4. STOCKTON AFTERMATH: reports that in the aftermath of last year’s bankruptcy, the Stockton City Council approved a plan that restructures debt and fully funds the California Public Employees’ Retirement System, thus leaving pension benefits for city employees unscathed.  As announced by CalPERS, by continuing fully to fund its pension obligations, Stockton acknowledged the importance of a secure retirement to its current employees and retirees, and the positive impact that pensions have on recruitment and retention of quality public servants.  Stockton had paid its employees 25% above the California public-sector average, and still offers its police and firefighters a “3% at 50” plan that allows them to retire at age 50 with 90% of their final years’ pay.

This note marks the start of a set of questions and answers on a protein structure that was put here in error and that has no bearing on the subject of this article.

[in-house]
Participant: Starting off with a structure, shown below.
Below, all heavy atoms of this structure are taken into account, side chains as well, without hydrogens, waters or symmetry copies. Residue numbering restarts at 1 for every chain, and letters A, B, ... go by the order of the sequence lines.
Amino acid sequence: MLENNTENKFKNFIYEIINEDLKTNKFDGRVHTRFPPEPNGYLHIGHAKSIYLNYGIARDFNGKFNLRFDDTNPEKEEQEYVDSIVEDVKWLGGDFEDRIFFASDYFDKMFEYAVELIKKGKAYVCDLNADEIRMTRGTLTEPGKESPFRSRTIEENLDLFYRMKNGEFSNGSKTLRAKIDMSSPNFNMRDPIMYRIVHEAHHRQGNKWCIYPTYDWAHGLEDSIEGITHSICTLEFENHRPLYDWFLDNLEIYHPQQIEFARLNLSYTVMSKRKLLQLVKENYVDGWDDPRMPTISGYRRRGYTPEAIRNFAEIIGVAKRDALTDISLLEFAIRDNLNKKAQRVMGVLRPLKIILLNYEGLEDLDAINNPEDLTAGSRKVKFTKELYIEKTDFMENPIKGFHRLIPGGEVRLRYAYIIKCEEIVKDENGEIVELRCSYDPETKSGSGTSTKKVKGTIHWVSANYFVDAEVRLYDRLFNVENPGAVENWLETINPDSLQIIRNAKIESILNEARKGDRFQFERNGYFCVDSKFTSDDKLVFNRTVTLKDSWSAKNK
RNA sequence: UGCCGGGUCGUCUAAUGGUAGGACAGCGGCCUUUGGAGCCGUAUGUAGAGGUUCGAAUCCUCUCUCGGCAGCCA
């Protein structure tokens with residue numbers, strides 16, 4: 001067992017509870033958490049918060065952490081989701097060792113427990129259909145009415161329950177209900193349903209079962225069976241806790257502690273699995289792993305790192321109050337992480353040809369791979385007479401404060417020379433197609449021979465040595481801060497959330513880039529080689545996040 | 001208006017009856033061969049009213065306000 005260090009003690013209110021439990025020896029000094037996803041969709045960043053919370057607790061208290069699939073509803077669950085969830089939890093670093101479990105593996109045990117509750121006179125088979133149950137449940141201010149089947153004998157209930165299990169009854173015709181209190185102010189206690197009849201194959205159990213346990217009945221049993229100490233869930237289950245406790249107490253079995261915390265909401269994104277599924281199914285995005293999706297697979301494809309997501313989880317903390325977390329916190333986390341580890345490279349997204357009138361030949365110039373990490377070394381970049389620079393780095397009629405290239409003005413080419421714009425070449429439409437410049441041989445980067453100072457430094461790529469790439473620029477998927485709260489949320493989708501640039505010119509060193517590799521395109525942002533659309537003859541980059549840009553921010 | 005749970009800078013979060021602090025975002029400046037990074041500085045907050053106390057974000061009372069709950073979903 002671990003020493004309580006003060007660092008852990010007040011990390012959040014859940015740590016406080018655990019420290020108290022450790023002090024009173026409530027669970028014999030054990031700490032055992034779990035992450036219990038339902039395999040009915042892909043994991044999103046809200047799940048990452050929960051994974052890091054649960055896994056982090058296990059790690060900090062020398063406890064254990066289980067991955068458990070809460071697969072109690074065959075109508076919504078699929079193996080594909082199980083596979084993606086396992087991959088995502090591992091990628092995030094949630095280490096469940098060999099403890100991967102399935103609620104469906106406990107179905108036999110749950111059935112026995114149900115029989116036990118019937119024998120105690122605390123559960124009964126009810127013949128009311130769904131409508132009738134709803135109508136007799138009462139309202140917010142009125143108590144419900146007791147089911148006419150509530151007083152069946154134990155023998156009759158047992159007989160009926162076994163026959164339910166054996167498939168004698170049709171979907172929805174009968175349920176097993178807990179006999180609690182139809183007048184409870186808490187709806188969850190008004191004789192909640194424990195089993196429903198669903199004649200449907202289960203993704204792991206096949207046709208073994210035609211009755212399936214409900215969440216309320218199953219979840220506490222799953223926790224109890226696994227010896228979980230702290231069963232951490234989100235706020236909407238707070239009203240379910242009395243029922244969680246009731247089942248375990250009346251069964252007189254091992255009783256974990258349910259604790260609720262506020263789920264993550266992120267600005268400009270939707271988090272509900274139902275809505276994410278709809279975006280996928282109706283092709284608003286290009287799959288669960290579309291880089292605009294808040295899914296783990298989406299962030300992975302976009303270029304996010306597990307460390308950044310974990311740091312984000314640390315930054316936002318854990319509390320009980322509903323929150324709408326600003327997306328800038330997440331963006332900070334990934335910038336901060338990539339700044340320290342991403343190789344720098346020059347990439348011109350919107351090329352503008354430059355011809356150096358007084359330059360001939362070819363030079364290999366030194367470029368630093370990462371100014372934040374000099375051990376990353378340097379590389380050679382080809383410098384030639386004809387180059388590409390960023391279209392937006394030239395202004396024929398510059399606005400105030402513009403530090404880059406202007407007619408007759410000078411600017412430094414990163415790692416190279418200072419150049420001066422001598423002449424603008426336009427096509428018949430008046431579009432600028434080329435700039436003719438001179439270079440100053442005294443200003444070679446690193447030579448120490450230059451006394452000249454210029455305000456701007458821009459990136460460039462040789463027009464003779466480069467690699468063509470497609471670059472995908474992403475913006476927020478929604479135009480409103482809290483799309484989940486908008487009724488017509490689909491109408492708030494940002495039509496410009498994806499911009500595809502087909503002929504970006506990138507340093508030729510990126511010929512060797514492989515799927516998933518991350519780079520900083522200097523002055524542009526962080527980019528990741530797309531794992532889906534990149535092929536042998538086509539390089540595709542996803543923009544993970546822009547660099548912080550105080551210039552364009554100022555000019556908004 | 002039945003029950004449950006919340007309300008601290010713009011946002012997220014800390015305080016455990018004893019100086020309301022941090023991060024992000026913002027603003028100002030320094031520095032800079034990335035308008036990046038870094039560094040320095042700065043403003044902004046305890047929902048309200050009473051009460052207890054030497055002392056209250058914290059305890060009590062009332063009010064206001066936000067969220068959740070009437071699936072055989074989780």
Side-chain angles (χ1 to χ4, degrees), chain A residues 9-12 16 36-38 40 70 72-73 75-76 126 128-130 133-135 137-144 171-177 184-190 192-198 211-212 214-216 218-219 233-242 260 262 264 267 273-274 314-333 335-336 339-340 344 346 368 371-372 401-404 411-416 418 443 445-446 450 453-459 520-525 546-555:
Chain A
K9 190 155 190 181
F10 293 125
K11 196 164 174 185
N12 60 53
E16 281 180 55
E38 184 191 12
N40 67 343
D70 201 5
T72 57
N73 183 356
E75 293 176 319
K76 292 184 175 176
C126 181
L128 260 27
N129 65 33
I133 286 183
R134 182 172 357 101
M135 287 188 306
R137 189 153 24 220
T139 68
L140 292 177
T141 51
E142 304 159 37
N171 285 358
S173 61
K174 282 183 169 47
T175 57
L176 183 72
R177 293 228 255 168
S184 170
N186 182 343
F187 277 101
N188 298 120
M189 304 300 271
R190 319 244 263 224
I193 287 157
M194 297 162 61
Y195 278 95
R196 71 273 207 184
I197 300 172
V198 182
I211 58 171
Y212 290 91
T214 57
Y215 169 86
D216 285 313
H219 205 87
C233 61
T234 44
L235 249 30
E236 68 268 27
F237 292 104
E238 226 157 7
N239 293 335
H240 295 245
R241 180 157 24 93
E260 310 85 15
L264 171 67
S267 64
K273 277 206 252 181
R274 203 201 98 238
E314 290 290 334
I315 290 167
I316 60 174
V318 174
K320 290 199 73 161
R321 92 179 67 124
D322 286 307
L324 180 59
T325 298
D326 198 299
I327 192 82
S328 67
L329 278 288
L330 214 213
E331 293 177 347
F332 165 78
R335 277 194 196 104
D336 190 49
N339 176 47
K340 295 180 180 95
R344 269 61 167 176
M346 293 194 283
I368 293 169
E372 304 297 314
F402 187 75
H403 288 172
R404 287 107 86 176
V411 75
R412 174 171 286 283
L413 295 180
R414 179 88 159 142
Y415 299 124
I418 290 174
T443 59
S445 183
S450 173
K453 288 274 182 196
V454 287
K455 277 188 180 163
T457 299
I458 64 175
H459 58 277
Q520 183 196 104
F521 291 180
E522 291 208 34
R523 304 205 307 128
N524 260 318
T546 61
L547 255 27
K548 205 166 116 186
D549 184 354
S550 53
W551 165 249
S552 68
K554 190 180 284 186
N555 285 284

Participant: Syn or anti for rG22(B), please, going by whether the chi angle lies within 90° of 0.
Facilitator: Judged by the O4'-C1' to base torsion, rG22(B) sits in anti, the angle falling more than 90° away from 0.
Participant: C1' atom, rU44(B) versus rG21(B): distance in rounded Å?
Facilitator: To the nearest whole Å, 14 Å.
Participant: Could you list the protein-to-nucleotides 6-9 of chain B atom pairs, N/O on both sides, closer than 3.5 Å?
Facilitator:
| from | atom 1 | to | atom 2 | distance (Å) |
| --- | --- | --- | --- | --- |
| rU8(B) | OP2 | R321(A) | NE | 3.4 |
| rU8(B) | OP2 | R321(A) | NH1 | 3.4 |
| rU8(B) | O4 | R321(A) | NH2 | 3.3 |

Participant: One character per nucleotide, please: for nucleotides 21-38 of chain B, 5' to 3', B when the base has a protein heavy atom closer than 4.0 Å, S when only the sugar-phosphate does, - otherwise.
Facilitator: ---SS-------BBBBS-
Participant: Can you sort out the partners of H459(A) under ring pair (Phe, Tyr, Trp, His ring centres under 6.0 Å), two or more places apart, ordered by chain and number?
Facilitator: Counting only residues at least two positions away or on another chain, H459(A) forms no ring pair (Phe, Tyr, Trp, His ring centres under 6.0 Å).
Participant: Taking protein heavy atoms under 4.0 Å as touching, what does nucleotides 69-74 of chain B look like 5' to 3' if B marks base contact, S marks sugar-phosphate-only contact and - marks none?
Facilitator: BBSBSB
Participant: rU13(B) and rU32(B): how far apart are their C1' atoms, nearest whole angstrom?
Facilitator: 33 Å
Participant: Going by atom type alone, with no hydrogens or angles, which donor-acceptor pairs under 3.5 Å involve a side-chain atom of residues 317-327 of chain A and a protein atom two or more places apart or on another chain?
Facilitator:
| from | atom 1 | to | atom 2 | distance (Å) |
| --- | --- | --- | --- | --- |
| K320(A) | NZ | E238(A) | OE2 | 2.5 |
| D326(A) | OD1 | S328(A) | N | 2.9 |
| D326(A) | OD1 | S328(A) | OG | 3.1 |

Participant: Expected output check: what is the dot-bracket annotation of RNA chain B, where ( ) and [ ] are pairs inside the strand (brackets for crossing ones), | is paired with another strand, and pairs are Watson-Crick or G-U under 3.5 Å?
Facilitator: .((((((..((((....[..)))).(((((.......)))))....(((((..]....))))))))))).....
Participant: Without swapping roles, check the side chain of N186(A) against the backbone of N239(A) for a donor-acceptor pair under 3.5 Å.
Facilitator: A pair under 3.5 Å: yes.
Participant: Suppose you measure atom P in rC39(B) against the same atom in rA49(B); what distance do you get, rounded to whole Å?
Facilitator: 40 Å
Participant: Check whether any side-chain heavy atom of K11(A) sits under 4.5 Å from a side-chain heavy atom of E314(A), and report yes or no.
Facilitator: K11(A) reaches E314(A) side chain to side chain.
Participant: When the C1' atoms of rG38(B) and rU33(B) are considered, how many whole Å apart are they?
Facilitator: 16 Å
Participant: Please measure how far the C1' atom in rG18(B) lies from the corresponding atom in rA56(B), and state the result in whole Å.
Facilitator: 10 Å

5.  PENSION PLAN ADMINISTRATOR HAS NO STANDING TO SUE CUSTODIAN WHERE ALLEGED INJURY NOT FAIRLY TRACEABLE TO CUSTODIAN: The plan administrator sued the plan’s custodian in federal court, alleging that the custodian had refused to abide by his instructions, and had exercised control over plan assets by refusing to make distribution to the participant. Although the administrator sued the custodian -- suggesting that they had a dispute -- in reality, the two parties seem to agree on all the major issues. For instance, both agreed that the plan was a retirement account that is exempt from garnishment under the anti-alienation provisions of the Employment Retirement Income Security Act. They also agreed that a single plan participant had made a claim for benefits from the plan, but had been unable to collect anything due to a freeze on distributions to her from the account. Further, both parties agreed that this freeze was the result of a Michigan state court order in a post-judgment collection proceeding. Thus, although the custodian conceded that the plan participant had been injured, the administrator conceded that the plan participant’s injury was fairly traceable to a Michigan state court order, and not to the custodian. As a matter of law, a plaintiff is required to have an injury that is fairly traceable to challenge the action of defendant, not the result of independent action of some third party not before the court. If the injury is not traceable to the defendant, the plaintiff lacks standing to bring suit against the defendant, and the federal court lacks subject-matter jurisdiction to adjudicate the matter. Here, the administrator failed to identify an injury that is fairly traceable to the custodian, so the administrator did not have standing to bring suit against the custodian.  Hence, the district court’s dismissal of the case for lack of subject-matter jurisdiction was affirmed.  Johnson v. Merrill Lynch, Pierce, Fenner & Smith, Inc., Case No. 12-3869 (U.S. 7th Cir. May 20, 2013).